If you ferment enough produce and make it for workshops and gifts, sometimes you lose track of some of your product. Such was the case for me with a batch of Curtido. I recently found a 5-month-old half jar tucked in the back of the fridge while I had been eating a fresher, 6 week old, batch at the front of the fridge. Of course, this became a perfect opportunity for some comparisons.
If you’ve met me or read any of my past newsletters you know that Curtido is my FAVORITE sauerkraut. I eat it with eggs. I eat it in cheese burritos. I eat it as a snack. I’ve always known that, of course, there are differences between aged kraut and fresher kraut. I’ve just never had the patience to deliberately let it age since I love it so much. Now I had an opportunity to taste a side-by-side comparison of the 5-month-old Curtido and 1 ½-month- old curtido? And yes, there are many differences.
Color: The older Curtido has gotten darker over time (though I believe I had a few more greener cabbage leaves in the batch), while the newer is still quite bright. With the color change and texture change, the older batch looks similar to pasteurized, store bought (which I would never buy!). The newer batch is definitely more appealing to the eye. But looks aren’t everything!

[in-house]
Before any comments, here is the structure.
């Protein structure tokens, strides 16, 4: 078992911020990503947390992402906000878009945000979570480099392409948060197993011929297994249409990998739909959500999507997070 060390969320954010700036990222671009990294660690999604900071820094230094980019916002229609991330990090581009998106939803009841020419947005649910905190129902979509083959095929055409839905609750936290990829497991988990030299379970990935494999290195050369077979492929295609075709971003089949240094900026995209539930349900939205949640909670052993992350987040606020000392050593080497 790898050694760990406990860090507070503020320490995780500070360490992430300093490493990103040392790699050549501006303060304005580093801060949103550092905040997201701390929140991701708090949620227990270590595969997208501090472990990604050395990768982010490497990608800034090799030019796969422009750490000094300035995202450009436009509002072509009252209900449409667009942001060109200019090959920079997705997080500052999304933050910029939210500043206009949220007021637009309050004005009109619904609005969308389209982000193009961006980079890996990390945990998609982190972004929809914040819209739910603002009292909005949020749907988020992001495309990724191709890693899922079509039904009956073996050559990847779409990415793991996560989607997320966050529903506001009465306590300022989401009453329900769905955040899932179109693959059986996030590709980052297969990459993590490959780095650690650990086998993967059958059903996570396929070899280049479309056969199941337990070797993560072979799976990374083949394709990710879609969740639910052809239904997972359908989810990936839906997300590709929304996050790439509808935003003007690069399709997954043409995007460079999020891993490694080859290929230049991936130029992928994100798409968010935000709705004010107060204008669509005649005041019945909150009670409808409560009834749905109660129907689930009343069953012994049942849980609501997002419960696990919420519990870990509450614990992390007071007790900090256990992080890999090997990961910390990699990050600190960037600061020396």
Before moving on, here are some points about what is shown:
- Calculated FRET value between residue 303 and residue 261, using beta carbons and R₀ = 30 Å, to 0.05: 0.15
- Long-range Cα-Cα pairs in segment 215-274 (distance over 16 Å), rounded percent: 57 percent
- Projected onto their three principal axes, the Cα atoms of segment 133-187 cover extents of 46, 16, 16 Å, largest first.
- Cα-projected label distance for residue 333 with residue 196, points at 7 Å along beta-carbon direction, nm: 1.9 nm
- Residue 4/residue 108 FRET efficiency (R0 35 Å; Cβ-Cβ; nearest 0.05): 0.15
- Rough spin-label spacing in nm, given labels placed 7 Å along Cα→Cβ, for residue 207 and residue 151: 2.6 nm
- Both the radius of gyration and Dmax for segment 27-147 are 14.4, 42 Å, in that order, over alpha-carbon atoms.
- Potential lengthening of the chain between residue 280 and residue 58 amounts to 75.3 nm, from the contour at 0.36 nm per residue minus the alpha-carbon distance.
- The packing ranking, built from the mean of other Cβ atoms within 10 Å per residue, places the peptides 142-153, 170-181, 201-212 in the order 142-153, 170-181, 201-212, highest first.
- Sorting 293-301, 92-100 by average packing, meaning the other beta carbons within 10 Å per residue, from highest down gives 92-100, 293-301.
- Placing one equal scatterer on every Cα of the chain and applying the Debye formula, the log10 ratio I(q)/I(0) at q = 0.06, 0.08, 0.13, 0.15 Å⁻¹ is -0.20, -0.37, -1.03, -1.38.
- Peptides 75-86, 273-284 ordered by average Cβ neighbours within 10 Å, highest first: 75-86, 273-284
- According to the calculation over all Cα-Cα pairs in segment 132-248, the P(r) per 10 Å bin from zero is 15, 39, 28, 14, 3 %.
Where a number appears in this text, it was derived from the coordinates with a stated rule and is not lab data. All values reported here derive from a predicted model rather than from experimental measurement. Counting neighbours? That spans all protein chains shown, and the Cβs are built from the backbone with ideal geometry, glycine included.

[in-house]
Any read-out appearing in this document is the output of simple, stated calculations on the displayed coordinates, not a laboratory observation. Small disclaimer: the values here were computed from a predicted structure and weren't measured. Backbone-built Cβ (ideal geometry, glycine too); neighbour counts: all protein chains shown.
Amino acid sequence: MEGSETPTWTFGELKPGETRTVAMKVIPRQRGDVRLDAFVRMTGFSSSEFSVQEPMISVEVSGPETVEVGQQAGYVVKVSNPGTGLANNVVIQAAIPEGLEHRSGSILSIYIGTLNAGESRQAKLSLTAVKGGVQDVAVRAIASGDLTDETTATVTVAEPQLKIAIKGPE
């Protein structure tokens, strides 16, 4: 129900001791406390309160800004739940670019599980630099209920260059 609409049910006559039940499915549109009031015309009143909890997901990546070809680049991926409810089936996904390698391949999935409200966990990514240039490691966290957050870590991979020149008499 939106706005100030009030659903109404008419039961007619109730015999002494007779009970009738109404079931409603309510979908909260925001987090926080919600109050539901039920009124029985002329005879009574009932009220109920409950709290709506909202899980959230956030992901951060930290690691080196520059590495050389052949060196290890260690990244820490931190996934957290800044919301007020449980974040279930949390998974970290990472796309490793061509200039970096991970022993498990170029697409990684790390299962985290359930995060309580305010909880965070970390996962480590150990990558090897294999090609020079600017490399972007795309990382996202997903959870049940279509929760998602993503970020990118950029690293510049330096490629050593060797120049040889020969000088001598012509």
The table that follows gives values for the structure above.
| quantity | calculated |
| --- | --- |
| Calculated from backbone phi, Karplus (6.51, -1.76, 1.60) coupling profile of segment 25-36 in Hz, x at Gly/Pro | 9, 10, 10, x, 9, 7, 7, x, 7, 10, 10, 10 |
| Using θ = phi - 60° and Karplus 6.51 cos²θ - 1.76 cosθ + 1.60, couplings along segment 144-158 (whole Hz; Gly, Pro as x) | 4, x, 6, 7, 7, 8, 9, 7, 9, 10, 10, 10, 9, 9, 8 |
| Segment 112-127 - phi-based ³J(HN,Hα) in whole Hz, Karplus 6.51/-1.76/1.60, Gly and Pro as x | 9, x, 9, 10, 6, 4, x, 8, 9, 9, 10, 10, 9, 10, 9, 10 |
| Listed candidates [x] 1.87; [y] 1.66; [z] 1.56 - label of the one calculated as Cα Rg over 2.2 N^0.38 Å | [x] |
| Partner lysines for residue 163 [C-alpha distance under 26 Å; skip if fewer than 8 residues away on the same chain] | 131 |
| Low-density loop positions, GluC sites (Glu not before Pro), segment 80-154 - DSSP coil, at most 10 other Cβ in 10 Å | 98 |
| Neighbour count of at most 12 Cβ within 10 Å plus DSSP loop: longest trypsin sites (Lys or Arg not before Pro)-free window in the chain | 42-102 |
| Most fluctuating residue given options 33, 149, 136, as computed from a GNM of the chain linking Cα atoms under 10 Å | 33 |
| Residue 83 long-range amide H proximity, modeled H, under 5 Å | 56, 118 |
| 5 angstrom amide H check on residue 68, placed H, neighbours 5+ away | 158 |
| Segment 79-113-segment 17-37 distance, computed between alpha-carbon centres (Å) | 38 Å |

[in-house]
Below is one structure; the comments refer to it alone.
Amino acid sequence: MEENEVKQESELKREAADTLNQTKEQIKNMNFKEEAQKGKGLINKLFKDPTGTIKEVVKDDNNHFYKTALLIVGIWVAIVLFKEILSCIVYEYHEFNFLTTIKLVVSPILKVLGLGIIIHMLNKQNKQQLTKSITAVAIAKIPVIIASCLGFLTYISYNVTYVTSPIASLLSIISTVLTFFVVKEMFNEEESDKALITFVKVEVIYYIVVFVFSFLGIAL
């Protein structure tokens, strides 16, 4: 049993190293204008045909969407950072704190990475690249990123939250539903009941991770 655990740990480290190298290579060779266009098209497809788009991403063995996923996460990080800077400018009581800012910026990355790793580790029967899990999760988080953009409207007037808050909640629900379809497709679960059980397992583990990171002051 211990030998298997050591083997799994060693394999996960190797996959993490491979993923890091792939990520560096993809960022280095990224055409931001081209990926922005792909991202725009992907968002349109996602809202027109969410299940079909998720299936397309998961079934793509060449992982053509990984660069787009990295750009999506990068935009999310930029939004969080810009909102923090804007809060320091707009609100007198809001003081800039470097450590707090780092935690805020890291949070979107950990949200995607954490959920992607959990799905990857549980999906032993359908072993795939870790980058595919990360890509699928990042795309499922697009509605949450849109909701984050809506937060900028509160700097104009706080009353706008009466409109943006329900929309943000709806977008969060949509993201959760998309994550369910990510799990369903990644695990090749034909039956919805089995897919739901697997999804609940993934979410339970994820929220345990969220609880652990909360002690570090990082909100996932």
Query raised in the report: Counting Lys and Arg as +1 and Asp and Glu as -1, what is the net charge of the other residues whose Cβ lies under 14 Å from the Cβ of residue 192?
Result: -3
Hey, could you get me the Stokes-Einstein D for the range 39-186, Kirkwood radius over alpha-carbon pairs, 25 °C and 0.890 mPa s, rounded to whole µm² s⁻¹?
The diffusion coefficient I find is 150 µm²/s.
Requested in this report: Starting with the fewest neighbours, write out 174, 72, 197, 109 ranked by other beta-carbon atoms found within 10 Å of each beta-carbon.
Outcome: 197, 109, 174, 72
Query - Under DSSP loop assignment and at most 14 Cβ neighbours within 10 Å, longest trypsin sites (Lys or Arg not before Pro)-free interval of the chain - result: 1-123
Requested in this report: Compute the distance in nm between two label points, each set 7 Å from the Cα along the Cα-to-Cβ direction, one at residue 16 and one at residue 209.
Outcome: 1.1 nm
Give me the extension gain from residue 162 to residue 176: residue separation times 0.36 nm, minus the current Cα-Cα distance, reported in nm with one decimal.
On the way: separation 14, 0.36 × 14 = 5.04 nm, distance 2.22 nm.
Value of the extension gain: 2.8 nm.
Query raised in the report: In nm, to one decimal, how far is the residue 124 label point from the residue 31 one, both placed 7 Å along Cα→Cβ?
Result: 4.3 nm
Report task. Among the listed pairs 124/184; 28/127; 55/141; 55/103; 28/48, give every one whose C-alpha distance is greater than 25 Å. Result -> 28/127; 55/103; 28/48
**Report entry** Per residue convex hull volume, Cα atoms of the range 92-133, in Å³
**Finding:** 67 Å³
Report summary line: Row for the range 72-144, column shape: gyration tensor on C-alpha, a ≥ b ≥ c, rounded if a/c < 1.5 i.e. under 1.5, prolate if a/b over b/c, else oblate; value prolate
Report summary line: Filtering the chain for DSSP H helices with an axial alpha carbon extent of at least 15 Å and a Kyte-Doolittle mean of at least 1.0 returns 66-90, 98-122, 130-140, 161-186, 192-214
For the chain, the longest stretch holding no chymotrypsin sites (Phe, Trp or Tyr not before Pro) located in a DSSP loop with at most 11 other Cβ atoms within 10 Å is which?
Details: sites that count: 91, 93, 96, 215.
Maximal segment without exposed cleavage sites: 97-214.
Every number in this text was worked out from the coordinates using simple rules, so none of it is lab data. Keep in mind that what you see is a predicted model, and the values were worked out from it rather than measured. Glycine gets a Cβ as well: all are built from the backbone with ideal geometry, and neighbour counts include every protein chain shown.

Smell: The older Curtido smells just a little bit funkier than the newer batch. I know, that’s a subjective description that I can’t really describe. Funky is not bad. Just different from other foods we are accustomed to. The oregano is more pronounced – which is good in my opinion.
Texture: As I’ve always known and explain in my workshops, the older Curtido is definitely softer with much more give in its crunch. The fresher batch is still very crisp and crunchy, almost as crunchy as when it was first made. I really do like the crunch of homemade sauerkraut, especially in a burrito.
Flavor: Like an aged wine, the flavors of the old batch seem to have melded more, giving it a more complex flavor profile. It is mellower compared to the newer batch which is more tangy.
Nutrition: Though this is not directly observable I know that there are different microbial stages in fermentation and believe that basically you should eat it when you like it. Both krauts have probiotic benefits. Sandor Katz says that by tasting your krauts at different stages you will reap the benefits of the changes in the microbes in your ferments. If you are eating a wide variety of probiotic foods you will diversify your gut microflora simply by eating a diversity of foods/microbes.
I challenge you to give this experiment a try. Make your favorite sauerkraut recipe and when you put it in the refrigerator, set aside a jar to ripen in the back of the fridge. A batch or two later, do your own taste test to see what you think about the aged vs. fresh kraut from the same recipe. After all, creating food is a means to get the flavors, textures, and aromas that appeal to you. And even though we may let food be our medicine, we should enjoy it!